On a flight, during takeoff captain observe interference on Navigation System. They found a passenger was using a Laptop. Even, you are requested to switch off your mobile phones or change to Airplane mode while traveling by plane. Why?
This is because Cell phones, as well as other personal electronic devices such as laptops; tabs etc, emit signals from High-Frequency clock oscillators. The resulting Electromagnetic Interference (EMI) can affect aircraft navigation, communication and control systems.
After Electrical, Electronics, and Photometry, ITC India Pvt Ltd has spread its wings in EMC testing.
So, what is EMC (Electro Magnetic Compatibility)?
EMC: EMC is defined as the ability of electronic and communication equipment to be able to operate satisfactorily in the presence of interference and not be a source of interference to nearby equipment.
EMC = EME + EMI
EME: Electromagnetic Emission (Interference), EMI: Electromagnetic Immunity.
EMC Testing is required to confirm that a particular product follows the required standards. It divides into
Open-air test sites, or OATS, are the reference sites in most standards. They are especially useful for emissions testing of large equipment systems.
However, RF testing is most performed indoors, in an exclusive EMC test chamber. Types of the chamber include anechoic, reverberation and the gigahertz transverse electromagnetic cell.
Emission Testing: Emissions are generally measured for radiated field strength and were appropriate for conducted emissions along with cables and wiring. Inductive (magnetic) and capacitive (electric) field strengths are near-field effects and are only important if the device under test is designed for a location close to other electrical equipment.
For conducted emissions, typical transducers include the LISN (line impedance stabilization network) or AMN (artificial mains network) and the RF current clamp.
For radiated emission measurement, antennas are used as transducers. Typical antennas specified include dipole, biconical, log-periodic, double ridged guide and conical log-spiral designs. Radiated emissions must be measured in all directions around the DUT.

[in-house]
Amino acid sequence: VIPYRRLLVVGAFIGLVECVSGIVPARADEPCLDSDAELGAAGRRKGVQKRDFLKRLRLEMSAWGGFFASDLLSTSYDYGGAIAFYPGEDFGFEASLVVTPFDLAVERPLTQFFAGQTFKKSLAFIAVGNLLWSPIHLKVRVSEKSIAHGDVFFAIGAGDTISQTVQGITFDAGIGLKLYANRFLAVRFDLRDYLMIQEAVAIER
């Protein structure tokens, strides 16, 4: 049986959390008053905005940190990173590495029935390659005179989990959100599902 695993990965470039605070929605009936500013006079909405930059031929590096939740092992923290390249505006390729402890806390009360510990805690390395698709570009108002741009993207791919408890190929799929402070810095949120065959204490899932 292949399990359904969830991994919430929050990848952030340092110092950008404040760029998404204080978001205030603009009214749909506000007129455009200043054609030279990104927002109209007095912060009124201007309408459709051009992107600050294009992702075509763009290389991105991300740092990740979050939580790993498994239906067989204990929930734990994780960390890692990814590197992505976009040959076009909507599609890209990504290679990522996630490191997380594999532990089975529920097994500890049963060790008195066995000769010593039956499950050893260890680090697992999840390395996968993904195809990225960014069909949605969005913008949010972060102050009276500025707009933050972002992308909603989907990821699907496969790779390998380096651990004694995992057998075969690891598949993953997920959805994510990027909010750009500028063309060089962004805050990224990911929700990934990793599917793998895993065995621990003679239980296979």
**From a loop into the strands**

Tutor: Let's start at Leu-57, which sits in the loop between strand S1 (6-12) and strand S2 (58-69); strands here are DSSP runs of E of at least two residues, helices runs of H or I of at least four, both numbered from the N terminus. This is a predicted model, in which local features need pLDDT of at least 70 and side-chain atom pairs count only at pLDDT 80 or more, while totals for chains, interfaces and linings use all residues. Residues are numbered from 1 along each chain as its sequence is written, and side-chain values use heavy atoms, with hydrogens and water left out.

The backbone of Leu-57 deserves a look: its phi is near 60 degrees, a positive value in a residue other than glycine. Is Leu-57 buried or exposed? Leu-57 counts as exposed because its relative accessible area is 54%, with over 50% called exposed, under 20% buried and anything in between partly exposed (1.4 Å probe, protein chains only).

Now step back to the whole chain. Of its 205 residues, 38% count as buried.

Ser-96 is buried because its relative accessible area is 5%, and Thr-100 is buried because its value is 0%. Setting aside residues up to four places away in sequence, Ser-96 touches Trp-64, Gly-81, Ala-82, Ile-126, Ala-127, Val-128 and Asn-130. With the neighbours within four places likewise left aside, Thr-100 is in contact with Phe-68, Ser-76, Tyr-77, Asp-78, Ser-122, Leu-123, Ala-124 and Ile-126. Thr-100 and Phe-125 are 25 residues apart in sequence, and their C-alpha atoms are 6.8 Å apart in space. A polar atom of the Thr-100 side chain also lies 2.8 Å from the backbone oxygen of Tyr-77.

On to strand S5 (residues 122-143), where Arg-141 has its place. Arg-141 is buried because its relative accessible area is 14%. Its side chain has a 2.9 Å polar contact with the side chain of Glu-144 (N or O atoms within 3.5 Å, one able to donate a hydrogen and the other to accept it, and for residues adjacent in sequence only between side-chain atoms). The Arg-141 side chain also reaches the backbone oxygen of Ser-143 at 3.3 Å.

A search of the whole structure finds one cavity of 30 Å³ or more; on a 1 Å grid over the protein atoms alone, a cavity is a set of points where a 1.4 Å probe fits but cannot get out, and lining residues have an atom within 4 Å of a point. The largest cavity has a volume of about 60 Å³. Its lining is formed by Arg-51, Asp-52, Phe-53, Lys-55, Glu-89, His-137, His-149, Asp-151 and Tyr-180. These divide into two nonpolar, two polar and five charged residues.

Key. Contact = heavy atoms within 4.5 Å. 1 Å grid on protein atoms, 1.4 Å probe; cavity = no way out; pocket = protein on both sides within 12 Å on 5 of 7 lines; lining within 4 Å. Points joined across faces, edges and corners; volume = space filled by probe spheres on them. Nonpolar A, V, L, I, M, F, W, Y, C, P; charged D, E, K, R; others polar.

Typically a spectrum analyzer is used to evaluate the emission levels of the DUT across a wide band of frequencies (frequency domain). Particular spectrum analyzers for EMC testing are available called EMI test receivers or analyzers. EMI receivers along with specified transducers can often be used for both conducted and radiated emissions. Pre-selector filters may also be used to reduce the effect of strong out-of-band signals on the front-end of the receiver.
Some pulse emissions are more usefully characterized using an oscilloscope to capture the pulse waveform in the time domain.
Radiated field susceptibility testing generally involves a high-powered source of RF or EM energy and a radiating antenna to direct the energy at the device under test.
Conducted voltage and current susceptibility testing generally require a high-powered signal generator, and a current clamp or another type of transformer to inject the test signal.
Transient signals are used to test the immunity of the DUT against powerline disturbances including surges, lightning strikes, and switching noise. In motor vehicles, similar tests are performed on battery and signal lines.
Electrostatic discharge testing is typically performed with a piezo spark generator called an “ESD pistol“. Higher energy pulses, such as lightning or nuclear EMP simulations, can require a large current clamp or a large antenna which completely surrounds the DUT. Some antennas are so large that they are located outdoors, and care must be taken not to cause an EMP hazard to the surrounding environment.